Mohammed Mahmoud is the street that connects the Abdeen Palace with Tahrir Square in Cairo. It is the “street of graffiti,” where this new generation of Egyptians has recorded for eternity the memory of its heroes, the heroes of the January 25 Revolution.

On the night of April 10, 2016, a new face appears on its walls, only this face does not belong to someone who took part in the fiery protests that day in 2011. January 25, 2016 marks the fifth anniversary of the overthrowing of Mubarak and the day on which the man behind the face now carved on the “street of graffiti” receives for the last time a message from his mother: “Ciao Giulio. Come va? Tutto bene?

 The last message from his mother was: “Ciao Giulio. Come va? Tutto bene?

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The body of Giulio Regeni is found just over a week later on the 3rd of February along the side of the highway that leads from Cairo to Alexandria. His body bears signs of torture and imprisonment. Regeni was a twenty-eight-year-old PhD candidate studying at Cambridge University. He was in Egypt researching for his thesis on Egyptian syndicates. His supervisor, Maha Abdelrahman, was the author of Egypt’s Long Revolution, a book which denounced the human rights violations and the Egyptian government’s use of the secret police. That book constituted the starting point of Giulio’s thesis. His objective was to update it to include the conditions of the Egyptian labor unions, of which Egyptian President Abdel Fattah el-Sisi is largely intolerant.

Italy, in the months leading up to Regeni’s murder, had backed el-Sisi’s government. Italy’s Prime Minister, Matteo Renzi, had more than once declared el-Sisi to be a “great leader who can save Egypt.” Italy, as with all the members of the international community, warmly welcomed el-Sisi when, following a military coup, he took the place of Mohamed Morsi, a president with close ties to the Muslim Brotherhood. El-Sisi represented an opportunity for Western countries to re-establish a strong capitalist presence and to gain an ally in the war against the radicalization of Arab countries.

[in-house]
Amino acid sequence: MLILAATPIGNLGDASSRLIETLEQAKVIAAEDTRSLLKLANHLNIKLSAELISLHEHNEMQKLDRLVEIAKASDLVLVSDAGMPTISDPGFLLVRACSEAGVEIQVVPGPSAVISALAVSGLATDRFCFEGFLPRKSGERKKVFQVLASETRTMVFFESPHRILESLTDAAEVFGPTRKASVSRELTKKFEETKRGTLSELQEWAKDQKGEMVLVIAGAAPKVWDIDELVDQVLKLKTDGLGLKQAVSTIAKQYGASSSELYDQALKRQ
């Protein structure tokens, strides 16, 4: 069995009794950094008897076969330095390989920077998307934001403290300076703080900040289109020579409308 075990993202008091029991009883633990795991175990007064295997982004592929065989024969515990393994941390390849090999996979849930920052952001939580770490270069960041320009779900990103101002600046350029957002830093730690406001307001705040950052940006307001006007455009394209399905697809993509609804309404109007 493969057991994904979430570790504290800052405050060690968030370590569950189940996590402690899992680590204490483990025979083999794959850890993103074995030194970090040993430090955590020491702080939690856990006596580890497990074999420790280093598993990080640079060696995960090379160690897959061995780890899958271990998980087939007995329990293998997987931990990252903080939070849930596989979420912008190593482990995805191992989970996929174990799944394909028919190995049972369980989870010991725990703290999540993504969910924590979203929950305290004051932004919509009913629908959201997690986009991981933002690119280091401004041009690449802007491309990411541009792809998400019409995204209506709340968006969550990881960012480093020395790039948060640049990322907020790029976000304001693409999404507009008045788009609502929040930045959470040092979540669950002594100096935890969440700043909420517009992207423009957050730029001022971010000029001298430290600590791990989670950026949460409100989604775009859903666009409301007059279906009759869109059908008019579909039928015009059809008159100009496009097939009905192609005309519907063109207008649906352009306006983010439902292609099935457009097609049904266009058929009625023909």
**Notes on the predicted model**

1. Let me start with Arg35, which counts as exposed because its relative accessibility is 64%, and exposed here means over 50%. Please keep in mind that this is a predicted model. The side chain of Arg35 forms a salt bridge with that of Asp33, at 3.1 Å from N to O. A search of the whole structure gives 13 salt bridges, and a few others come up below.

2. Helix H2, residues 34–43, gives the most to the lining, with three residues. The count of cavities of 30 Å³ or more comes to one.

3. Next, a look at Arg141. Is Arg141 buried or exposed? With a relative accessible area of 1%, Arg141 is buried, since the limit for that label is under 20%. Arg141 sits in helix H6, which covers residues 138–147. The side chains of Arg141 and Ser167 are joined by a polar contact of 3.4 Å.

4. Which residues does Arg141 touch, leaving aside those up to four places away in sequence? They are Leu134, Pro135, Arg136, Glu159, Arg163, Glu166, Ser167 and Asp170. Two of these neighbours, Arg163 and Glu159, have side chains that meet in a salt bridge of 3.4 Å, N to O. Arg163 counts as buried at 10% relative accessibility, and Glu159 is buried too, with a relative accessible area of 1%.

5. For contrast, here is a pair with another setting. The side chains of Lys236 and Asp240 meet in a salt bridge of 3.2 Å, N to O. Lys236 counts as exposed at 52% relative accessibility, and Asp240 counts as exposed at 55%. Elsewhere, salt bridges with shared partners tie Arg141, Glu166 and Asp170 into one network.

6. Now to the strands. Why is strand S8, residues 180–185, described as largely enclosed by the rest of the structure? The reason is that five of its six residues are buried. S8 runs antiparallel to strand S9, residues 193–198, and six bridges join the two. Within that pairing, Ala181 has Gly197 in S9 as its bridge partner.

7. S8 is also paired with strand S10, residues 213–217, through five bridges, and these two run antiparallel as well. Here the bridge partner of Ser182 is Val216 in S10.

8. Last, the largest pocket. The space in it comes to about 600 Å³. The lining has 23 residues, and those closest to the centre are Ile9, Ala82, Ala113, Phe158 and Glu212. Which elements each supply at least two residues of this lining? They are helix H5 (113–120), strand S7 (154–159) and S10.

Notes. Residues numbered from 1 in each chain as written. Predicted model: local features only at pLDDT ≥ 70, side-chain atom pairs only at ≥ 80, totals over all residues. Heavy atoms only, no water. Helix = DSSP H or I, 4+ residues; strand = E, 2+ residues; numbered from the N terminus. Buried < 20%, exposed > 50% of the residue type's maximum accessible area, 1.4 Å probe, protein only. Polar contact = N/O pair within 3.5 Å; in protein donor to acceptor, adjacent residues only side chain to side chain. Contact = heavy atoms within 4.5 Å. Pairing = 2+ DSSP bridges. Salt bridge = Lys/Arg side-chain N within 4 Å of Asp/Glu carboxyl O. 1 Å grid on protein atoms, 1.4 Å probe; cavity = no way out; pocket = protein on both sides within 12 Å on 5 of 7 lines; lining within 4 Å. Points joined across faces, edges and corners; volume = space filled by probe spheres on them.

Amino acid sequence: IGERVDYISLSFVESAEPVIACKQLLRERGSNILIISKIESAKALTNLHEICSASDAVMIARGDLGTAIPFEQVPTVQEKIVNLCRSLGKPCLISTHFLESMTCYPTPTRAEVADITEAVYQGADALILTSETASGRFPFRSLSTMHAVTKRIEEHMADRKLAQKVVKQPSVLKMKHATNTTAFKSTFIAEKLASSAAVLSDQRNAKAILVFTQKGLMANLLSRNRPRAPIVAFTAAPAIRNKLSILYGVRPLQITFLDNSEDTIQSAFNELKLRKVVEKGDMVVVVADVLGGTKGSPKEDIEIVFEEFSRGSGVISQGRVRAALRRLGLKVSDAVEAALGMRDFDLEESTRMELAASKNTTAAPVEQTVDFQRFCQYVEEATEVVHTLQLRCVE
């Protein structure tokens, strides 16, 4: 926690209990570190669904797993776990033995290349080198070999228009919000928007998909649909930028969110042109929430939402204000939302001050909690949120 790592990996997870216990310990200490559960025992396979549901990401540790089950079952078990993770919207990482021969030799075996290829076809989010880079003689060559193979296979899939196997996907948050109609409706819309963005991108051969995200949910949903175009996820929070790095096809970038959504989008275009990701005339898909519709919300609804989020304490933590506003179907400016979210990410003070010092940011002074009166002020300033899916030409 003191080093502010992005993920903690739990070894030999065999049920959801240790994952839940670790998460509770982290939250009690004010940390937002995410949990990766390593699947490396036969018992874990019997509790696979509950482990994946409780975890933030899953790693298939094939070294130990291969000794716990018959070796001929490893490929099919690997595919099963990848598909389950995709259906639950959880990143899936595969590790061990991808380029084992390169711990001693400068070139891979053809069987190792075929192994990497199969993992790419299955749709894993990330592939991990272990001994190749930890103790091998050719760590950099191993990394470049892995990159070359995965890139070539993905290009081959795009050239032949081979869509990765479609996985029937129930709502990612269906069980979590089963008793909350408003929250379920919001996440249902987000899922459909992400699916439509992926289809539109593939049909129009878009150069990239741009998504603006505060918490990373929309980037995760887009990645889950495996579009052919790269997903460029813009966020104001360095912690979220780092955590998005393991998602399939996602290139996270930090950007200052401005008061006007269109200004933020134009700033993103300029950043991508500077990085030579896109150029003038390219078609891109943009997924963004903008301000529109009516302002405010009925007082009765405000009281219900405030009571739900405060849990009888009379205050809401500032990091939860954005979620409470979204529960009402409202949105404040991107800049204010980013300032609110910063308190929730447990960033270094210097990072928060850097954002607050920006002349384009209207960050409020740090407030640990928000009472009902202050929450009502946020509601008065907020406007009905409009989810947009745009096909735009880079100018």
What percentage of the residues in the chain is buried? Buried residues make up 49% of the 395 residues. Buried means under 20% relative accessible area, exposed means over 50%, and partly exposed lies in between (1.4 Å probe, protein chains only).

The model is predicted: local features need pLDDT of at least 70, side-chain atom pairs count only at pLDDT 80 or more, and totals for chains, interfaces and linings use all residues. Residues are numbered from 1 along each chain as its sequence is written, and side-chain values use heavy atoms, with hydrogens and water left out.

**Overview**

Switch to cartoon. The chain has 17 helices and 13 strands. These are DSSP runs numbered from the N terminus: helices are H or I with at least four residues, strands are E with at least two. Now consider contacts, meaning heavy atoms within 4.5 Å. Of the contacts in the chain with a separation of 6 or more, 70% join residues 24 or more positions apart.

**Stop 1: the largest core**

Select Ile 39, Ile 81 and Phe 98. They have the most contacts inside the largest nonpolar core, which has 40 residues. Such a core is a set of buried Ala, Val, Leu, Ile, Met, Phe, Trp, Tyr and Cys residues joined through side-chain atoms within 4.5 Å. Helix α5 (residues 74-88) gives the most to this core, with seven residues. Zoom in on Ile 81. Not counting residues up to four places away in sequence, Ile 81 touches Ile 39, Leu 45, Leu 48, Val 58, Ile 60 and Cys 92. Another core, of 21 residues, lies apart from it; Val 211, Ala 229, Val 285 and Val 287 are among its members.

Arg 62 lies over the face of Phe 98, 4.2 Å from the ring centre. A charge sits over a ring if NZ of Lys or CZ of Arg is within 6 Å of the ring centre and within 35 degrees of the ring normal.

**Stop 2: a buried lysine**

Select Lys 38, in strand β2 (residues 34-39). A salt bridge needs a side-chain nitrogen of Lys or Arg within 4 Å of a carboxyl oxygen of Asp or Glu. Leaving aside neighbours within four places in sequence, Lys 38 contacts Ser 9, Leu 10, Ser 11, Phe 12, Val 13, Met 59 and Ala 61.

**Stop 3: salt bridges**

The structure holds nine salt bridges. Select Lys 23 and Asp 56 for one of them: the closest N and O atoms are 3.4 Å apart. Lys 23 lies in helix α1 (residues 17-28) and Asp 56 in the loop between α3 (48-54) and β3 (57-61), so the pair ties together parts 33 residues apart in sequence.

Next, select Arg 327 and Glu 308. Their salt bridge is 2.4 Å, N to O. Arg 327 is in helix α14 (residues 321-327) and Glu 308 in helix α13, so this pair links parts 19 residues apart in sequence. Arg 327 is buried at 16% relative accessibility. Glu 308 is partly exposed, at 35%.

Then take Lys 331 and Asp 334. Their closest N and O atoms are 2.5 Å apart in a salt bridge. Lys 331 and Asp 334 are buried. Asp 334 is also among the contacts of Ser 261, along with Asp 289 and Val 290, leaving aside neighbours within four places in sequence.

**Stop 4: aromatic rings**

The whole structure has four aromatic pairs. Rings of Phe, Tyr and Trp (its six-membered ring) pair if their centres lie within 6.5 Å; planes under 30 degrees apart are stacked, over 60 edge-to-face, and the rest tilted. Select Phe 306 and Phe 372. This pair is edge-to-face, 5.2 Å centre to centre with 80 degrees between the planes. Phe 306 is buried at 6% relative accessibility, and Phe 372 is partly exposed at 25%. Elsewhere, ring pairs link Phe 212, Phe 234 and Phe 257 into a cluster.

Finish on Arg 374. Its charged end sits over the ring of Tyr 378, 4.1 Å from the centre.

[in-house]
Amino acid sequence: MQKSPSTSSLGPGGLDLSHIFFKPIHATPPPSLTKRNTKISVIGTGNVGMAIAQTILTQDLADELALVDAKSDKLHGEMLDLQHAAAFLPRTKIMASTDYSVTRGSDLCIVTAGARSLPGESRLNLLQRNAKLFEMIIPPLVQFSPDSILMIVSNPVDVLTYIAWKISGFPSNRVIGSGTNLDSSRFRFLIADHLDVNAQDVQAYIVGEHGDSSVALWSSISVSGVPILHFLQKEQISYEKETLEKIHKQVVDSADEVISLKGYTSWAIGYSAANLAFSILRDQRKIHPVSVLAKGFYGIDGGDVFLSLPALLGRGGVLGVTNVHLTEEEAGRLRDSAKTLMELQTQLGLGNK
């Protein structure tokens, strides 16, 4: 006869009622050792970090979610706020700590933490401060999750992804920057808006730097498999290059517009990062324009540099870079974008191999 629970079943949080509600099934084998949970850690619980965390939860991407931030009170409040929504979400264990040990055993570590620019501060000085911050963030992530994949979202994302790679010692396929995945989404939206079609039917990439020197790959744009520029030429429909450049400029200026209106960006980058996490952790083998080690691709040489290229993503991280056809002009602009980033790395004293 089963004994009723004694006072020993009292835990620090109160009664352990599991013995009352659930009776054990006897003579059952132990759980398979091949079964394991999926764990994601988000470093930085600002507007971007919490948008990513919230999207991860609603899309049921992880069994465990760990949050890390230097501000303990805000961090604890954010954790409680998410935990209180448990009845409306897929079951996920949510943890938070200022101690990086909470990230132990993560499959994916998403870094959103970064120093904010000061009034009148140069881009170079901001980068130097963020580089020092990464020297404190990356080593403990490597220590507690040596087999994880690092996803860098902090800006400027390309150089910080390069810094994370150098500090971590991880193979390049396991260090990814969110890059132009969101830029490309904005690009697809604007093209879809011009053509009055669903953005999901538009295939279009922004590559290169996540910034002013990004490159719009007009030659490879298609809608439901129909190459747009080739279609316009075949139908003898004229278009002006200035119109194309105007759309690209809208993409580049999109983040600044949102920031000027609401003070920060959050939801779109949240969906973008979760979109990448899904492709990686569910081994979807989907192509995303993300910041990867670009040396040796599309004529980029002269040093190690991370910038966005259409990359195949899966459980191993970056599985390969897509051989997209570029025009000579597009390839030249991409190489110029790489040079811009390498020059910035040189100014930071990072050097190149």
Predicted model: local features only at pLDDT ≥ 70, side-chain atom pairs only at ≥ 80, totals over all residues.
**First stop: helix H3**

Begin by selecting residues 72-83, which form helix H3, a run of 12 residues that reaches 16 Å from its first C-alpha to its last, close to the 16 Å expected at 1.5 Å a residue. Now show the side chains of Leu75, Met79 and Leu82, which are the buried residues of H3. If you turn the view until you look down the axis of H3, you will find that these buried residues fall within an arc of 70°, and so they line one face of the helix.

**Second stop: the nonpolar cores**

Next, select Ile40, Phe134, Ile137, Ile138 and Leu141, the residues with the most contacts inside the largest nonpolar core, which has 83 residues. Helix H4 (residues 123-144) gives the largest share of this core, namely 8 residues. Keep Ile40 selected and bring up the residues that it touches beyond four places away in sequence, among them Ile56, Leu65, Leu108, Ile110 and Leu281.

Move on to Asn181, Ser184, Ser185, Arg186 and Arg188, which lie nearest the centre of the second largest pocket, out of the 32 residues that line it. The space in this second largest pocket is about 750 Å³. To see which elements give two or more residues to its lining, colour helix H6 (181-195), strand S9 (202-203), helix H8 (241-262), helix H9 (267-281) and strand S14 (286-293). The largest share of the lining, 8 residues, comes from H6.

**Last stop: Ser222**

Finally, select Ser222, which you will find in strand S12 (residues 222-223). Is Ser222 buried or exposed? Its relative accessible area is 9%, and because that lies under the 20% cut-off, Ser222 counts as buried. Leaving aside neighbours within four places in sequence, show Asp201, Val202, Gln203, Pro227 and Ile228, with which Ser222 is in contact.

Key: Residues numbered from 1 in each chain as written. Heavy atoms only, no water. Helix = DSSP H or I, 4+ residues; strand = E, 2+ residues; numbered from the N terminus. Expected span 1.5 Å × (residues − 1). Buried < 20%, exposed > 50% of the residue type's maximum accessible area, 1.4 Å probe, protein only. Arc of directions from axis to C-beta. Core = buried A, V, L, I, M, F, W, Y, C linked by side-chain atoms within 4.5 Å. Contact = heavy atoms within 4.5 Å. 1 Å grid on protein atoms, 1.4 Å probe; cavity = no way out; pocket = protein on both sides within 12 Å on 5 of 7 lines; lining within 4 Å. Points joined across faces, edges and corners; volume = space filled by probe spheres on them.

The body of Giulio Regeni is found just over a week later on the 3rd of February along the side of the highway that leads from Cairo to Alexandria. His body bears signs of torture and imprisonment

When Regeni’s corpse is first discovered, Egypt grants Italy the “green-light” to launch an extensive investigation. President el-Sisi declares, “We will treat Giulo’s death as if he was an Egyptian citizen,” but he adds that the investigation will be conducted exclusively by the Egyptian police who will inform the Italians of any developments. While Egypt is still deciding where to start, the Italian authorities hear depositions from three students of the American University of Cairo. In their testimony, they say that Regeni had been frightened. On the 11th of December, while attending a labor assembly, he had caught sight of a man taking pictures of him. Regeni had been added to someone’s black-list, but the question remained to whose.

An Egyptian answer to Italy’s queries comes from Mohamed Ibrahim, an official in the media department of Homeland Security, who avers: “There is no connection whatsoever between Regeni and the police or Interior Ministry or Homeland Security. He has never been held in any police station or here. The only time he came into contact with police was when the police officials stamped his passport when he landed in Egypt.” At the meeting in Rome on April 7, the possibility of an unimpeded investigation evaporates behind a curtain of unjustified omissions. The Egyptian authorities refuse to submit phone records into evidence, crucial for the investigation, claiming that it would be in violation of their privacy and their constitution.  Gentiloni emerges from the meeting and reports that cooperation from Egypt has been totally inadequate. Two days later, he recalls the Italian Ambassador in Cairo.

At first, police suggest he was the victim of a car accident. Weeks later they say he might have been killed by a criminal gang impersonating policemen, a gang of supposed baltagiya, criminals specialized in the kidnapping of foreigners, six of whom have already been killed by the police. Every explanation proves an ad-hoc fabrication of the government. The Italian response is characterized by a strong sense of irritation and is accompanied by one clear question: “Was Giulio arrested by the Egyptian police?” In the meantime, the Italian Minister of Foreign Affairs, Paolo Gentiloni, pins all his hopes on a meeting to be held in Rome between the Italian and the Egyptian investigators on the 7th of April.

An Egyptian answer to Italy’s queries comes from Mohamed Ibrahim, an official in the media department of Homeland Security, who avers: “There is no connection whatsoever between Regeni and the police or Interior Ministry or Homeland Security. He has never been held in any police station or here. The only time he came into contact with police was when the police officials stamped his passport when he landed in Egypt.” At the meeting in Rome on April 7, the possibility of an unimpeded investigation evaporates behind a curtain of unjustified omissions. The Egyptian authorities refuse to submit phone records into evidence, crucial for the investigation, claiming that it would be in violation of their privacy and their constitution.  Gentiloni emerges from the meeting and reports that cooperation from Egypt has been totally inadequate. Two days later, he recalls the Italian Ambassador in Cairo.

 

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